Bring-your-own-device (BYOD) policies are fast becoming a trend entrenched in the fabric of modern business practices.
Before, it was a fairly casual occurrence. Employees would usually have a personal mobile device with them when they attended work, either stowed away in a bag or for taking calls when slinking out of office cubicles with sallow lighting for lunch.
However, with the inclusion of high data allowances and improvements to Internet access, mobiles that were once only for individual use became smartphones and tablets that linked work and personal lives together.
Businesses realized this trend could be used to advantage; saving them from investing in the expensive process of mass-distribution smartphones and tablets that many employees are now expected to be equipped with -- allowing flexible schedules and on-call contact.
This can be problematic. Once the personal becomes meshed with the corporate, logistical concerns begin to seep through the cracks of a trend which can save businesses money -- but may also cause them a loss of profit and headaches in turn.
Why? Simply put, a lack of control over devices used to handle business-related activities. A number of different platforms, applications and storage lockers -- and more importantly, the question of security.
Generation Y members, who are either already in the workplace or attempting to enter it, are a particular group that has caused concern, according to new research.
Those in the twenty-something bracket expect to be able to use their own devices at work, and a third would ignore security policies if they barred the use of personal mobile devices in the workplace.
More than half of the 3,800 employees involved in the survey conducted on behalf of Fortinet, view BYOD as a "right" rather than a "privilege".
Almost 75 percent of those surveyed actively use personal mobile devices in the workplace. The primary driver for this behaviour appears to be the need to stay connected -- being able to access their favourite applications, social media and private exchanges, even within allotted working hours.
35 percent stated they couldn't go a day without checking their social media networks, and 47 percent wouldn't be able to manage 24 hours without sending a text.
The Gen Y's addiction to connection -- if it exists -- can be exploited by businesses worldwide, especially considering they will be the next group to take the reins in leadership, developmental and management roles. Many of them understand the nature of digital networks better than their older counterparts, and this is an area which can be used to expand and increase profitability by tapping into new markets and improving customer relations.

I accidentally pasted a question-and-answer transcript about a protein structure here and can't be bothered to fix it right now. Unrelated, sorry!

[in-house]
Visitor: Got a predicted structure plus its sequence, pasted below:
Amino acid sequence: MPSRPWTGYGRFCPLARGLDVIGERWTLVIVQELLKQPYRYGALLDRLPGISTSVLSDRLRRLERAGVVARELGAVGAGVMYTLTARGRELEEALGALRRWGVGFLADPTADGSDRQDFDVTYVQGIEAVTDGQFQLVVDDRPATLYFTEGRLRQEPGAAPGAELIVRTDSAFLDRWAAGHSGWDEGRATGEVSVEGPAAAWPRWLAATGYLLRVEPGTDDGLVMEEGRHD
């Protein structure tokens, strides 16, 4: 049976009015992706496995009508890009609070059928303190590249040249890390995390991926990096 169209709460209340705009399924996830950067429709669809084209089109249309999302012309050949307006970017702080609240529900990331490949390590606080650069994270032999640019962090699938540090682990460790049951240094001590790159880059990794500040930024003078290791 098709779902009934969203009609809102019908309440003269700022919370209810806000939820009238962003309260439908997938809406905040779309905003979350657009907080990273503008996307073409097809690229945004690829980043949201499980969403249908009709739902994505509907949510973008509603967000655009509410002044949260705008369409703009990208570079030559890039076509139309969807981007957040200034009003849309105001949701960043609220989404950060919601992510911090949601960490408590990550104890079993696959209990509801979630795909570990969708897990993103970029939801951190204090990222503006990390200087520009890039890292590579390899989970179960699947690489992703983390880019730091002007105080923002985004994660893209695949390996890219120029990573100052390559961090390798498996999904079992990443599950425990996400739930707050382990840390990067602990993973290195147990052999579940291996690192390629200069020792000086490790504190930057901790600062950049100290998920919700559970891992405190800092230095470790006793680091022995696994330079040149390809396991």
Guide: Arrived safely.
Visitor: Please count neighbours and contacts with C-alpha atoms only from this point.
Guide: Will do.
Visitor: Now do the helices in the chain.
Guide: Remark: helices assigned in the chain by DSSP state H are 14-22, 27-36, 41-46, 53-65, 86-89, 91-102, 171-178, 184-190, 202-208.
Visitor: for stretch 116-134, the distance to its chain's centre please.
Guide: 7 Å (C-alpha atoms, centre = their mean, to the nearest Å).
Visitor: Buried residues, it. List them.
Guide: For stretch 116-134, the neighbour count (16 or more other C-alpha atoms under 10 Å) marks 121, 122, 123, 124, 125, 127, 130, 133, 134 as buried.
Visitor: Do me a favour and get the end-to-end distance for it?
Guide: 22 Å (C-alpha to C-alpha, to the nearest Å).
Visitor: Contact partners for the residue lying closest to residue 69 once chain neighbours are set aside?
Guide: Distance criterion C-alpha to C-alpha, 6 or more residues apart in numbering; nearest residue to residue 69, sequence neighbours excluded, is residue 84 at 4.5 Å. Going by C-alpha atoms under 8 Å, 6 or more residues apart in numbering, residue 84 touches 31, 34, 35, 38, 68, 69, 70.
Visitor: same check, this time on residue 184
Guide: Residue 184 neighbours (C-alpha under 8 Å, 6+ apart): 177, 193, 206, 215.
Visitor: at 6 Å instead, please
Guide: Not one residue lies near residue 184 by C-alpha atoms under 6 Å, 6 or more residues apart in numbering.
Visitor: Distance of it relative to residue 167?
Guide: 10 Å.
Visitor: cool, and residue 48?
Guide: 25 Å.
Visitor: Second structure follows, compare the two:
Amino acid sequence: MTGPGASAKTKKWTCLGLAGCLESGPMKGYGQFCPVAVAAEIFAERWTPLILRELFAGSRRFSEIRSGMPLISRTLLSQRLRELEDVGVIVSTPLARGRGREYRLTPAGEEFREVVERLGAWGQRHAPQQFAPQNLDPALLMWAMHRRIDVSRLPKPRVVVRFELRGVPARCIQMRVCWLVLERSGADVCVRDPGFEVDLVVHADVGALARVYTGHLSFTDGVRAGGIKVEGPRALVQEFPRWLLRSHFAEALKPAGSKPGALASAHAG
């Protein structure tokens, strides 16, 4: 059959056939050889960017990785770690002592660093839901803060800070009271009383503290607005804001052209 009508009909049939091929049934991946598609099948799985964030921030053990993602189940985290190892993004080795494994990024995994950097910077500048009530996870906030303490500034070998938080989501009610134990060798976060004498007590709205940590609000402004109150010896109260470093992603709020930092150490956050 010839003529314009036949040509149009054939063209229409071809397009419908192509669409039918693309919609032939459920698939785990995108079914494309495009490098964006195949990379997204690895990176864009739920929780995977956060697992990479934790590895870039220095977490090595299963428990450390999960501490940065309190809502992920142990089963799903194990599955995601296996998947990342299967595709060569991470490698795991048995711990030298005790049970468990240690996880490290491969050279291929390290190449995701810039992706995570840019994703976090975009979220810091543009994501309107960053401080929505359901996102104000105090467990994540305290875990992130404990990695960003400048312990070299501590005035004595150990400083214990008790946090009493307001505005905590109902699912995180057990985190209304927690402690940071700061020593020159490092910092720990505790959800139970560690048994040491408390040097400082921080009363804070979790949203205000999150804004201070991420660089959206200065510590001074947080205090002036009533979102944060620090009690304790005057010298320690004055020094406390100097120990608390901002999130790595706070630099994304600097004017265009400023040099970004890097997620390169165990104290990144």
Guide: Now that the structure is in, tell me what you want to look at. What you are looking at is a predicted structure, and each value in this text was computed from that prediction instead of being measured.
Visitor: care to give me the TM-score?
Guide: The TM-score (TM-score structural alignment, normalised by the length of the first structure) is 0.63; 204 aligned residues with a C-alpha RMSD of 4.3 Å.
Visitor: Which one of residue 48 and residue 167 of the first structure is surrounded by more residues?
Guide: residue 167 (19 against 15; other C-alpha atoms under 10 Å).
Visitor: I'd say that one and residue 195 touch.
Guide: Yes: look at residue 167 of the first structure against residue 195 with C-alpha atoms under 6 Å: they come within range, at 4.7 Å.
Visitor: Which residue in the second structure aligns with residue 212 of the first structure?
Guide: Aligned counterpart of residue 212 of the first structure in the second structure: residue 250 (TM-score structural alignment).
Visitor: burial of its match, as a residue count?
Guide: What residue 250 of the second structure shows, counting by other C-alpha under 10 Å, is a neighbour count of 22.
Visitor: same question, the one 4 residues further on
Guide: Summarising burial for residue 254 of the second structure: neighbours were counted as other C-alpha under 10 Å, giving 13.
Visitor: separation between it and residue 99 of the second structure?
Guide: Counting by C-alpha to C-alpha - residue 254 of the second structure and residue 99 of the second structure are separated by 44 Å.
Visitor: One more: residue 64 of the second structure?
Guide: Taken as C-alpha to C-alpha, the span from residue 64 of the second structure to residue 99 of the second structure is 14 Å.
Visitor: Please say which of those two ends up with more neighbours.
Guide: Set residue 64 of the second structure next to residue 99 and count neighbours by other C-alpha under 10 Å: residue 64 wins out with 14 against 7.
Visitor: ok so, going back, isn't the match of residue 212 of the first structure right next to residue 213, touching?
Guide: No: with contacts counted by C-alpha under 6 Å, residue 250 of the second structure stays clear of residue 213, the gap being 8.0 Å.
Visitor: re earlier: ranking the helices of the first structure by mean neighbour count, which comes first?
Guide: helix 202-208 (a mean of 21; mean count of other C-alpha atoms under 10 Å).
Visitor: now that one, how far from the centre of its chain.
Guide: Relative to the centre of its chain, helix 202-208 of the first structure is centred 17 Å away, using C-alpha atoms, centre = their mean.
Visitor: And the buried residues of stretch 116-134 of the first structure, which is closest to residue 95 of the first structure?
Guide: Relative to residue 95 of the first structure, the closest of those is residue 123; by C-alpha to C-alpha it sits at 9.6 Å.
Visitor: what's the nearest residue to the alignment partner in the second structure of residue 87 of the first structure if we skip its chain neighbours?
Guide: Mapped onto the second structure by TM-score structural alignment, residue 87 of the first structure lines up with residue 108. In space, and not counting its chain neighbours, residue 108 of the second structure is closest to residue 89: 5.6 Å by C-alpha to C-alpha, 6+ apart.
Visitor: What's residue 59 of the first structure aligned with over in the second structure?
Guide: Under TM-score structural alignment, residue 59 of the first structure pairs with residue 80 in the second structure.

However, this doesn't mean their ability to talk of of deeper-rooted issues that impact businesses is so fluent. More than applying a business framework to the Internet, concerns including security, copyright and adhering to protocol are not quite as important to a generation styled as more 'individual' and demanding than others.
Awareness may not keep them from breaking the rules for personal benefit. But, it isn't all doom and gloom. The research also discovered another interesting attribute of Gen Y -- they may break the rules to suit personal preferences, but this inclination for individual action also breaches the realms of responsibility.
66 percent considered themselves, and not the company, to be responsible for personal devices they use for work purposes, whereas only 22 percent believe the corporation should be held responsible.
If the majority of twenty-somethings feel devices are their concern, why not utilize this in BYOD policy, in order to make the ever-insistent group take responsibility formally -- and any content or activity that takes place through them -- rather than trying to stamp out the trend?
Patrice Perche, Fortinet vice president of international sales and support said:
"The survey clearly reveals the great challenge faced by organizations to reconcile security and BYOD. While users want and expect to use their own devices for work, mostly for personal convenience, they do not want to hand over responsibility for security on their own devices to the organization.
Organizations cannot rely on a single technology to address the security challenges of BYOD. The most effective network security strategy requires granular control over users and applications, not just devices."
Businesses need to keep in mind this sense of entitlement, if they are to maintain a firm grip on the ways their employees work, and how corporate information is used, transferred and stored.
In the same manner as recent research showed the huge amount of free file-sharing programs used to share corporate documents by BYOD employees, if Gen Y have little regard for security policy, who knows where sensitive information may end up?
Image credit: Jeremy Keith